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Novel respiratory cell changes identified from cigarette smoke exposure

Cigarette smoking changes the types of cells that are present in the respiratory track and some biological processes necessary for detoxification of cigarette smoke are restricted to specific types of cells.

"Our study describes novel respiratory cell changes that result from cigarette smoke exposure that may be associated with the development of pre-cancerous tissue," explained corresponding author Jennifer Beane, Ph.D., assistant professor of medicine at Boston University School of Medicine. Specifically, the researchers have identified a novel type of cell present in current smokers that remains active even after smoking cessation. Gene expressed by these cells have also been detected in both pre-cancerous lung tissue and lung tumors. Further study of these cells may result in therapies to prevent the development of lung cancer or ways to measure risk of developing lung cancer.

Cigarette smoking is a major risk factor for the development of lung cancer. Lung cancer is the leading cause of cancer death in the U.S. While studies have shown that smoking alters bronchial epithelial function and form, its precise effects on specific cell types and overall tissue composition have been unclear.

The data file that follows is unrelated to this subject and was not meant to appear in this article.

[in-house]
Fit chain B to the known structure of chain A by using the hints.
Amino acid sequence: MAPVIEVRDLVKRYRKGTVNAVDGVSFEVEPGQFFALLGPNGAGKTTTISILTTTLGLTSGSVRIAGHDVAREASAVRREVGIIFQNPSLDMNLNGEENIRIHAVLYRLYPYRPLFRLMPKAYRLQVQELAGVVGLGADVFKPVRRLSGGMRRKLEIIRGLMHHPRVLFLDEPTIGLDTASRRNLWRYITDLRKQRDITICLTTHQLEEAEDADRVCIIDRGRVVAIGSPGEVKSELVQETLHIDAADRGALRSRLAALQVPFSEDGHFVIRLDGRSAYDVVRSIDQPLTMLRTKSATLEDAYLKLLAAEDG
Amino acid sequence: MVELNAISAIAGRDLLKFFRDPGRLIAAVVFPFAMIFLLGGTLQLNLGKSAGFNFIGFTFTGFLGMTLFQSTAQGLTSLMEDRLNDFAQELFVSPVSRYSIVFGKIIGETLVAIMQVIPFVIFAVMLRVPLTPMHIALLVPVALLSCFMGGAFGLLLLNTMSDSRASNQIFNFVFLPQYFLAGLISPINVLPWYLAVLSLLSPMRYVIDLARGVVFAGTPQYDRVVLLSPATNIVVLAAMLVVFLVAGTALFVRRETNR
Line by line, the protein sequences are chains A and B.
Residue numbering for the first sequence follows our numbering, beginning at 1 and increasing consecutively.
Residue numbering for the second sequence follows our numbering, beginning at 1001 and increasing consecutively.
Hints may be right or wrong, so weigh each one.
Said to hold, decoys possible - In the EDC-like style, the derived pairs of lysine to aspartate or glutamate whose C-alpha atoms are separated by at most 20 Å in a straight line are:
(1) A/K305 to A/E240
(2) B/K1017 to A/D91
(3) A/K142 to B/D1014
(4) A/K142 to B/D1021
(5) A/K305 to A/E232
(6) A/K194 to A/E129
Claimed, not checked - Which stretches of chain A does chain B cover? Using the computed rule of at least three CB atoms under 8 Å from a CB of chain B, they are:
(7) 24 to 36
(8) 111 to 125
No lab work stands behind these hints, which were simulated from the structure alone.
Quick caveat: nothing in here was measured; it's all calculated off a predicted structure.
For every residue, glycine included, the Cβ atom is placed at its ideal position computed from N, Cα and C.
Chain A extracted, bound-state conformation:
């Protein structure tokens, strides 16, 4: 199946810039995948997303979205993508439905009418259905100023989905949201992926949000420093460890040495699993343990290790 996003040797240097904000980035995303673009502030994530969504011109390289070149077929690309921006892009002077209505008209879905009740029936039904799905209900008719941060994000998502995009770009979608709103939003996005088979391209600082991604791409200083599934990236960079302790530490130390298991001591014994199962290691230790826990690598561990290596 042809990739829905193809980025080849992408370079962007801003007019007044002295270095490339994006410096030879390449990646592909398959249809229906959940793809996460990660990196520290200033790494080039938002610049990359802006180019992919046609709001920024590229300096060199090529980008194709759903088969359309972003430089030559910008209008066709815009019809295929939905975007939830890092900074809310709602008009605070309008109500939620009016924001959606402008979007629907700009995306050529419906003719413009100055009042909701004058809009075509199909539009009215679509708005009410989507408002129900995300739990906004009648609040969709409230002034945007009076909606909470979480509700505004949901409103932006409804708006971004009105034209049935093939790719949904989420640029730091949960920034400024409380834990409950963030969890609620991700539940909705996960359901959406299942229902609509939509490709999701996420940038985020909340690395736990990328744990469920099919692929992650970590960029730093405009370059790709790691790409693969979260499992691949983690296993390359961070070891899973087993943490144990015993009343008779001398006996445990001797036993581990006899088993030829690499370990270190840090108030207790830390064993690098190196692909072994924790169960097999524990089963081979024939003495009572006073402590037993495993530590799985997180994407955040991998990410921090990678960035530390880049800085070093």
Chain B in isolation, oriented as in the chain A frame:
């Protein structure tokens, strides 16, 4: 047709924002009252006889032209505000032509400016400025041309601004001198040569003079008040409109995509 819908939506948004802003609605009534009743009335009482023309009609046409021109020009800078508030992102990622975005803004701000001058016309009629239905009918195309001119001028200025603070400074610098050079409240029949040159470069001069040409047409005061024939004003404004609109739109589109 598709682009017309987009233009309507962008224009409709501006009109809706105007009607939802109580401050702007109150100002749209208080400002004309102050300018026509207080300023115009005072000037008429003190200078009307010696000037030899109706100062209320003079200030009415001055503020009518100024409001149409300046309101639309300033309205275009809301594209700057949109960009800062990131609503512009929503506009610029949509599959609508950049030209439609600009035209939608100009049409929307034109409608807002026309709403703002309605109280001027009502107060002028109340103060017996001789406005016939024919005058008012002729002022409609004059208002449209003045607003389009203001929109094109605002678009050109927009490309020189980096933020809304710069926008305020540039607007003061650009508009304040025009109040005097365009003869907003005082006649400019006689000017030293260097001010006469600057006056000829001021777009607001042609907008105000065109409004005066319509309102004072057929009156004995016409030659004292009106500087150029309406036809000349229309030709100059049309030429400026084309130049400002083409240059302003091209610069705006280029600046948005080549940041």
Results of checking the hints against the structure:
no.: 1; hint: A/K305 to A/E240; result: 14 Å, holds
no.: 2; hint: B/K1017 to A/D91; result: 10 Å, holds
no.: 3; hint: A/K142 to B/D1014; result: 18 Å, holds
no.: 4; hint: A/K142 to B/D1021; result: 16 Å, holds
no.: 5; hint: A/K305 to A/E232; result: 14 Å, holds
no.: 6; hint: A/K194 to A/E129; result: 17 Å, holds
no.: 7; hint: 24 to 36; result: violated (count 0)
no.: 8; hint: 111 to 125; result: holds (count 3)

Never and current smokers underwent a medical procedure called a bronchoscopy to collect cells from their respiratory tract. Lead author, Grant Duclos, explains "Using a breakthrough approach referred to as ;single-cell genomics', the cells sampled from each subject were isolated and the expression of their genes were measured to identify distinct types of cells and characterize differences in the distribution of the cells between never and current smokers." The results were then confirmed by looking at these differences in tissue sampled from additional never and current smokers.

The researchers believe that a detailed understanding of the molecular consequences of drivers of deadly lung diseases—smoking in particular—will enable them to understand the transition from healthy, normal states to pathological conditions. "We hope that this study and the work that follows it will lead to effective strategies for early detection, prevention and reversal of smoking-associated lung diseases," added co-corresponding author Joshua Campbell, Ph.D., assistant professor of medicine at BUSM. These finding appear in the journal Science Advances.

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